Hundreds of thousands of Australians managing their own superannuation continue to risk their retirement nest-eggs through a lack of insurance.
This is despite legislation that was introduced late last year in response to the Cooper Review which found that fewer than 13 per cent of the almost 500,000 Self Managed Super Funds (SMSFs) had insurance.
The legislation requires Trustees of SMSFs to indicate that they’ve considered life insurance for members of the fund.
But according to Senior Advisor at William Buck, Sam Kitchen, many clients continue to overlook insurance either through a lack of understanding or lack of interest.
“We have a situation where people are running their own successful investment strategy and suddenly they’re being asked to consider insurance,” he said.
“In practice, most clients we see don’t have the desire to learn about insurance. They’ll talk about their dividend yield on shares, but I don’t hear them talking about permanent disability.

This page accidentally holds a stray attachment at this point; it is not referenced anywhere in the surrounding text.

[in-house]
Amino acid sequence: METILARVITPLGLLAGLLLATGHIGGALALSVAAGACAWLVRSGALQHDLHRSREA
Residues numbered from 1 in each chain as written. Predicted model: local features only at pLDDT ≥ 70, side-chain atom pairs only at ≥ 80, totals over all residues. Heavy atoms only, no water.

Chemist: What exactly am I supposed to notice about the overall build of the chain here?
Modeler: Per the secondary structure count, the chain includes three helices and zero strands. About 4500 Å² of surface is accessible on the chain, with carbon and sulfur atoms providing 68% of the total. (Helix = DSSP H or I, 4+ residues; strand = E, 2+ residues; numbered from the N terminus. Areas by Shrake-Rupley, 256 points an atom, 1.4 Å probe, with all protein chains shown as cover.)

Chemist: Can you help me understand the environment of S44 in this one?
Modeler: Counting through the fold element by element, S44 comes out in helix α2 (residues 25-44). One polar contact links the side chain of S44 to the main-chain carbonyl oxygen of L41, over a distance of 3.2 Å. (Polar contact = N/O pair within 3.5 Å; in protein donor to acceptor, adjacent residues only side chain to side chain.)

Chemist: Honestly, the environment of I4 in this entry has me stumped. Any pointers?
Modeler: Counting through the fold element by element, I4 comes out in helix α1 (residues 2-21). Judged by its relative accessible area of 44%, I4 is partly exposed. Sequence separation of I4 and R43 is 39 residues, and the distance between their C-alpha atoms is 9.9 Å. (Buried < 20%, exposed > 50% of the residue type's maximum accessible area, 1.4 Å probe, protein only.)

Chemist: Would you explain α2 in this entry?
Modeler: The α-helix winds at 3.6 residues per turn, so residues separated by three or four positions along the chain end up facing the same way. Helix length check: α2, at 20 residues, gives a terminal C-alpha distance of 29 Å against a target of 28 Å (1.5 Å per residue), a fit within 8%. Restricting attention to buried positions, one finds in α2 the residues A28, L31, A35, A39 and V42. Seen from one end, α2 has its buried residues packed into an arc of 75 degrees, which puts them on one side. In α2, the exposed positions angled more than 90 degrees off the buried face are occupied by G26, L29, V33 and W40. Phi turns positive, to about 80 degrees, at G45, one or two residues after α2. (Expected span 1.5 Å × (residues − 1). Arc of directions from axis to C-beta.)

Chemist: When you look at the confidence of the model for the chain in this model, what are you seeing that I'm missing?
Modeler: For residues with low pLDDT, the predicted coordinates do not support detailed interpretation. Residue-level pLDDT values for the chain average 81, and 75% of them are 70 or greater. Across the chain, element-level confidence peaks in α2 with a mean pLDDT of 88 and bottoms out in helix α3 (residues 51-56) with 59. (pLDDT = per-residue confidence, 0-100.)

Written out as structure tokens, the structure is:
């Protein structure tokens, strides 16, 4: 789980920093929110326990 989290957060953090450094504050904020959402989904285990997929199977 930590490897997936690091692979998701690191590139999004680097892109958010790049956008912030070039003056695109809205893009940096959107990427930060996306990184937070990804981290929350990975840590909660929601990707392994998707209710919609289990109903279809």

“One of the issues is that in most cases, people who set-up SMSFs are financially astute and motivated individuals who have carefully planned their investments and many feel that they have no requirement for insurance.
“But just because they’re educated investors, that doesn’t mean they’re going to be protected if the unexpected happens.”
Mr Kitchen said many clients established a SMSF by ‘rolling-over’ from a previous super fund, without any regard to their industry or corporate super funds that may have cover without medicals or wholesale premiums.
“We had a client with three children and a large mortgage who was about to roll-out of his current super to establish a property within his SMSF,” he said.
“The client didn’t even know what cover was in his previous fund. Fortunately, we were able to give him advice about life insurance within his SMSF as just month later he was surfing and damaged his back badly.”
Mr Kitchen said the legislation was also creating a lot of unintended consequences, such as leading some to consider insurance when it’s of no benefit to them.
“I was speaking at a conference recently when I was asked by an 82-year old about taking out a policy within his SMSF,” he said.
“This would have cost the pensioner tens of thousands of dollars a year. Forcing a pensioner without dependents to pay for insurance is not in the spirit of the legislation. Thankfully, we were able to set him straight.”
“Setting up and managing your own super-fund is extremely complex and we’d encourage anyone seeking to establish a SMSF to seek professional advice.”
According to the latest ATO figures, there are 478,263 SMSFs with 913,550 members in Australia.
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